draft-ietf-tcpm-rto-consider-01.txt   draft-ietf-tcpm-rto-consider-02.txt 
Internet Engineering Task Force M. Allman Internet Engineering Task Force M. Allman
INTERNET-DRAFT ICSI INTERNET-DRAFT ICSI
File: draft-ietf-tcpm-rto-consider-01.txt February 29, 2016 File: draft-ietf-tcpm-rto-consider-02.txt April 5, 2016
Intended Status: Best Current Practice Intended Status: Best Current Practice
Expires: August 29, 2016 Expires: October 5, 2016
Retransmission Timeout Considerations Retransmission Timeout Considerations
Status of this Memo Status of this Memo
This document may not be modified, and derivative works of it may This document may not be modified, and derivative works of it may
not be created, except to format it for publication as an RFC or to not be created, except to format it for publication as an RFC or to
translate it into languages other than English. translate it into languages other than English.
This Internet-Draft is submitted in full conformance with the This Internet-Draft is submitted in full conformance with the
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months and may be updated, replaced, or obsoleted by other documents months and may be updated, replaced, or obsoleted by other documents
at any time. It is inappropriate to use Internet-Drafts as at any time. It is inappropriate to use Internet-Drafts as
reference material or to cite them other than as "work in progress." reference material or to cite them other than as "work in progress."
The list of current Internet-Drafts can be accessed at The list of current Internet-Drafts can be accessed at
http://www.ietf.org/1id-abstracts.html http://www.ietf.org/1id-abstracts.html
The list of Internet-Draft Shadow Directories can be accessed at The list of Internet-Draft Shadow Directories can be accessed at
http://www.ietf.org/shadow.html http://www.ietf.org/shadow.html
This Internet-Draft will expire on May 2, 2016. This Internet-Draft will expire on October 5, 2016.
Copyright Notice Copyright Notice
Copyright (c) 2015 IETF Trust and the persons identified as the Copyright (c) 2016 IETF Trust and the persons identified as the
document authors. All rights reserved. document authors. All rights reserved.
This document is subject to BCP 78 and the IETF Trust's Legal This document is subject to BCP 78 and the IETF Trust's Legal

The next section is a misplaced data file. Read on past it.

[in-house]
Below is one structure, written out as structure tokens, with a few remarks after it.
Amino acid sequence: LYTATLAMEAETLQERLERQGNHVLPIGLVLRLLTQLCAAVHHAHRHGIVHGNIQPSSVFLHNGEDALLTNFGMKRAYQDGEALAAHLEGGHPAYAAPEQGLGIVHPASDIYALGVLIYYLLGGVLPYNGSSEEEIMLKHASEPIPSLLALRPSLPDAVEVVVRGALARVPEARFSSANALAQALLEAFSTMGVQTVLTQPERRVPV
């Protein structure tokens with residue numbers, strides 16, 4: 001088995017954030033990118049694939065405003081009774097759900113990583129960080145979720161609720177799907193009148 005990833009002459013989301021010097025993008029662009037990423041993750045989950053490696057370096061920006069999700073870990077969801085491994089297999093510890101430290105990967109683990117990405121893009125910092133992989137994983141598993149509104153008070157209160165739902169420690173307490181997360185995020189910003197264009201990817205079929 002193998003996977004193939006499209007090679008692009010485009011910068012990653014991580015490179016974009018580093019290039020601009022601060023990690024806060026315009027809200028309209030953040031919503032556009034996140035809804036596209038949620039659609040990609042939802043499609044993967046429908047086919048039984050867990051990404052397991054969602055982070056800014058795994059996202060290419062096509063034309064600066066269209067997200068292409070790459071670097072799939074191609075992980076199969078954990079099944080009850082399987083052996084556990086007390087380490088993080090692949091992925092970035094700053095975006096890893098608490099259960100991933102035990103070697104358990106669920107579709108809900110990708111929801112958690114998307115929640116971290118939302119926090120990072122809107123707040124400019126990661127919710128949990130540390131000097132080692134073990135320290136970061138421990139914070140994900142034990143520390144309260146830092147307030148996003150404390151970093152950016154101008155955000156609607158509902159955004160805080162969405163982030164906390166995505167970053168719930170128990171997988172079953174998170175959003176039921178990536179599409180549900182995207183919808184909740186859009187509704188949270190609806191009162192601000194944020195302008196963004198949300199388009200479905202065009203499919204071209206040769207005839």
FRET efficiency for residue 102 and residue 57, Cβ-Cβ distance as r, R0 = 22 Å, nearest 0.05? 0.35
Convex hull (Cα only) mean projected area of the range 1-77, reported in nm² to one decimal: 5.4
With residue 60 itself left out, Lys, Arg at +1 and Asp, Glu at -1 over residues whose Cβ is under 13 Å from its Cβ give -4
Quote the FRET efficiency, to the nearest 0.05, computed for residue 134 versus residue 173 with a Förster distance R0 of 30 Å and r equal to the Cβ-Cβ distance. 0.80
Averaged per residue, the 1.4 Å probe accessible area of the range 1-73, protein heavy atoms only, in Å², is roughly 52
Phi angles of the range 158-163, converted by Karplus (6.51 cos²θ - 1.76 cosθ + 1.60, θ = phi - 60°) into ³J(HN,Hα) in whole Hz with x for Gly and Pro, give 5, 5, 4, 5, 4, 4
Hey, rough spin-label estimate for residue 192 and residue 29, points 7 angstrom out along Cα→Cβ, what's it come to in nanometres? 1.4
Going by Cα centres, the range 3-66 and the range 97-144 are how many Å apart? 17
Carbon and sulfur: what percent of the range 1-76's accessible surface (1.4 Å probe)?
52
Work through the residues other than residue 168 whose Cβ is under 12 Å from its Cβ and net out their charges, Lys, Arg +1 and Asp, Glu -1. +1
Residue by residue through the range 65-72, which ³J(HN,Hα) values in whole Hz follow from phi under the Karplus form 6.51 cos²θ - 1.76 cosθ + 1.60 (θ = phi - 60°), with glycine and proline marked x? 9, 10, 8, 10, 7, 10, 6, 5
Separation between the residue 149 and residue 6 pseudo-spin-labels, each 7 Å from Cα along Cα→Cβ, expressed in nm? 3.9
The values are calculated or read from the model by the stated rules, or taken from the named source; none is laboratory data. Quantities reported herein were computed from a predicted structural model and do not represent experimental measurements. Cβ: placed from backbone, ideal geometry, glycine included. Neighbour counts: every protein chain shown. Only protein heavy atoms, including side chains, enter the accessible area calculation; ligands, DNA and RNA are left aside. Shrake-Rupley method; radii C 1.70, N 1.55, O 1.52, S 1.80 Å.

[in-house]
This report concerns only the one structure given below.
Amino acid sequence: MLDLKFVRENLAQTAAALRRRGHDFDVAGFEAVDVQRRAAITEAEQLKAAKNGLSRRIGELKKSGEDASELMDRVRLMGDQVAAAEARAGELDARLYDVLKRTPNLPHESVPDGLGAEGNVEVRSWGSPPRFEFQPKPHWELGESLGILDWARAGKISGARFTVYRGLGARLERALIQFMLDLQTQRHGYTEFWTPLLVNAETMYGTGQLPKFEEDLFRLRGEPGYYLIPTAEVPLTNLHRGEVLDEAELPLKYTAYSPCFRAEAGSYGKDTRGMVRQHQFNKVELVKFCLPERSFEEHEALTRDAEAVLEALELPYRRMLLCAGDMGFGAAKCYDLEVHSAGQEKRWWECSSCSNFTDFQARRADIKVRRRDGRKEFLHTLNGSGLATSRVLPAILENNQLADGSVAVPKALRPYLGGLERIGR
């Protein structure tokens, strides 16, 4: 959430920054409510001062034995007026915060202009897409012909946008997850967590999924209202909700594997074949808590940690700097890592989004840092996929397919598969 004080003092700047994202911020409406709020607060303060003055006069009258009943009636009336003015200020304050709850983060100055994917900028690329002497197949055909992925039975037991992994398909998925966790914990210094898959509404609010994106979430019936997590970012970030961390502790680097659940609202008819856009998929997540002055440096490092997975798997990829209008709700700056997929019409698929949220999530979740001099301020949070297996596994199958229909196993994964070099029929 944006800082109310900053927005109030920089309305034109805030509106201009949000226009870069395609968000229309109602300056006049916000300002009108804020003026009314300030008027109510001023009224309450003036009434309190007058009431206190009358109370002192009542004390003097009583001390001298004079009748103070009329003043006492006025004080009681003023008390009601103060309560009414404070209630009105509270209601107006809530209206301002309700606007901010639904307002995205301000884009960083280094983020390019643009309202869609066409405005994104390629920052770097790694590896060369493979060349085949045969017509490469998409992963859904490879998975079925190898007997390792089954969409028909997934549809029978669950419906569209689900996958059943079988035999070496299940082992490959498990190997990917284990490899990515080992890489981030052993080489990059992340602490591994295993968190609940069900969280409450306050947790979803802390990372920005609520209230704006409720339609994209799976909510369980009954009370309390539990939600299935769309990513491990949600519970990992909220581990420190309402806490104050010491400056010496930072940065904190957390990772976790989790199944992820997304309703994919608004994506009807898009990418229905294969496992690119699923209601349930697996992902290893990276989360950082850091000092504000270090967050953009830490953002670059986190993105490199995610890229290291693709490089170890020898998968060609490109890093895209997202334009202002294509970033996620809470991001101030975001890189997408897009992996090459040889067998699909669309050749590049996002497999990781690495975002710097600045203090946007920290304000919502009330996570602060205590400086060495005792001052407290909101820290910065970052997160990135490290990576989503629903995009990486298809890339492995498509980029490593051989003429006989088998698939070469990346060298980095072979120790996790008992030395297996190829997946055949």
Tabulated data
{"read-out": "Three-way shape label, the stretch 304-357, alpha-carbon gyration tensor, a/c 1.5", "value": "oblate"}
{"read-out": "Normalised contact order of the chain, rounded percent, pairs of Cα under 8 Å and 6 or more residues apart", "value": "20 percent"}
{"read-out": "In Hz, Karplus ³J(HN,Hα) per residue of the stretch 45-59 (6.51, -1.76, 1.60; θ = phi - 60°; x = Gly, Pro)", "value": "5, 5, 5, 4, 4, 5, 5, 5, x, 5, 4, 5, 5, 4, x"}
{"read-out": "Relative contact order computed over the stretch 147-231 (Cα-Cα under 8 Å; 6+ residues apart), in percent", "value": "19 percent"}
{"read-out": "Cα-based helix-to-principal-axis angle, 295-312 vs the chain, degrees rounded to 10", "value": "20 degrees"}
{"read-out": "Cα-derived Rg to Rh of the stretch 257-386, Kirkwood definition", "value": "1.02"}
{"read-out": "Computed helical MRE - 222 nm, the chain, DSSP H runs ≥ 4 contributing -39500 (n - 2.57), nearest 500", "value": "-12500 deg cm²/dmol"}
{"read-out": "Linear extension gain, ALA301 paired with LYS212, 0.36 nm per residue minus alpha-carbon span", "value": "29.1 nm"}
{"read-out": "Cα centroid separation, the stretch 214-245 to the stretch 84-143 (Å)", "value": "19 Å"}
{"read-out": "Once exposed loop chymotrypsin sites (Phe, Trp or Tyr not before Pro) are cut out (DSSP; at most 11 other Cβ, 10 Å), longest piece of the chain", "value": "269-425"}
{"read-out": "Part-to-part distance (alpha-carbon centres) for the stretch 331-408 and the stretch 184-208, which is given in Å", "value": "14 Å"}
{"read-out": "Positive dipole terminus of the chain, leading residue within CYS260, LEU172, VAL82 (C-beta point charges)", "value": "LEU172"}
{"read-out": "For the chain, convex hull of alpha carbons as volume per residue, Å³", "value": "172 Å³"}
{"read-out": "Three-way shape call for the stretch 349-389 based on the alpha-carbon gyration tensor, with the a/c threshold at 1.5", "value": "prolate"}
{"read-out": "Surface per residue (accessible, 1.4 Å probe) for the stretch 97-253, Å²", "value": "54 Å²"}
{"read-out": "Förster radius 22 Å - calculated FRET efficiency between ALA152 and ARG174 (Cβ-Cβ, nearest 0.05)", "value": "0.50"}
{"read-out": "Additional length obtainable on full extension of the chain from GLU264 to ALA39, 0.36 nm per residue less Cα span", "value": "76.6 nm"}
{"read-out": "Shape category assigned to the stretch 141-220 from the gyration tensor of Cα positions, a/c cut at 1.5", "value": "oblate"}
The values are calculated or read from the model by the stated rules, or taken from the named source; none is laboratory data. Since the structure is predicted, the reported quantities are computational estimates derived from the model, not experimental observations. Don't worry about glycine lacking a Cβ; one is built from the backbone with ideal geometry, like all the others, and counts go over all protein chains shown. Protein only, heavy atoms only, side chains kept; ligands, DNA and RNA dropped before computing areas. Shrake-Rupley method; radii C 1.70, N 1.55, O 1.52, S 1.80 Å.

Provisions Relating to IETF Documents Provisions Relating to IETF Documents
(http://trustee.ietf.org/license-info) in effect on the date of (http://trustee.ietf.org/license-info) in effect on the date of
publication of this document. Please review these documents publication of this document. Please review these documents
carefully, as they describe your rights and restrictions with carefully, as they describe your rights and restrictions with
respect to this document. Code Components extracted from this respect to this document. Code Components extracted from this
document must include Simplified BSD License text as described in document must include Simplified BSD License text as described in
Section 4.e of the Trust Legal Provisions and are provided without Section 4.e of the Trust Legal Provisions and are provided without
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own subtle imprint on the specifics of the process to tilt the own subtle imprint on the specifics of the process to tilt the
tradeoff between correctness and responsiveness in some particular tradeoff between correctness and responsiveness in some particular
way. way.
At this point we recognize that often these specific tweaks are not At this point we recognize that often these specific tweaks are not
crucial for network safety. Hence, in this document we outline the crucial for network safety. Hence, in this document we outline the
high-level principles that are crucial for any retransmission high-level principles that are crucial for any retransmission
timeout scheme to follow. The intent is to then allow timeout scheme to follow. The intent is to then allow
implementations of protocols and applications to instantiate implementations of protocols and applications to instantiate
mechanisms that best realize their specific goals within this mechanisms that best realize their specific goals within this
framework. These specific mechanisms could be standardized or framework. These specific mechanisms could be standardized by the
ad-hoc, but as long as they adhere to the guidelines given in this IETF or ad-hoc, but as long as they adhere to the guidelines given
document they would be considered consistent with the standards. in this document they would be considered consistent with the
standards.
A non-goal of this document is to in any way specify individual A non-goal of this document is to in any way specify individual
deviations from standard RTO specifications that any particular deviations from current IETF standardized RTO specifications that
implementation may exhibit. Rather, we provide a set of any particular implementation may exhibit. Rather, we provide a set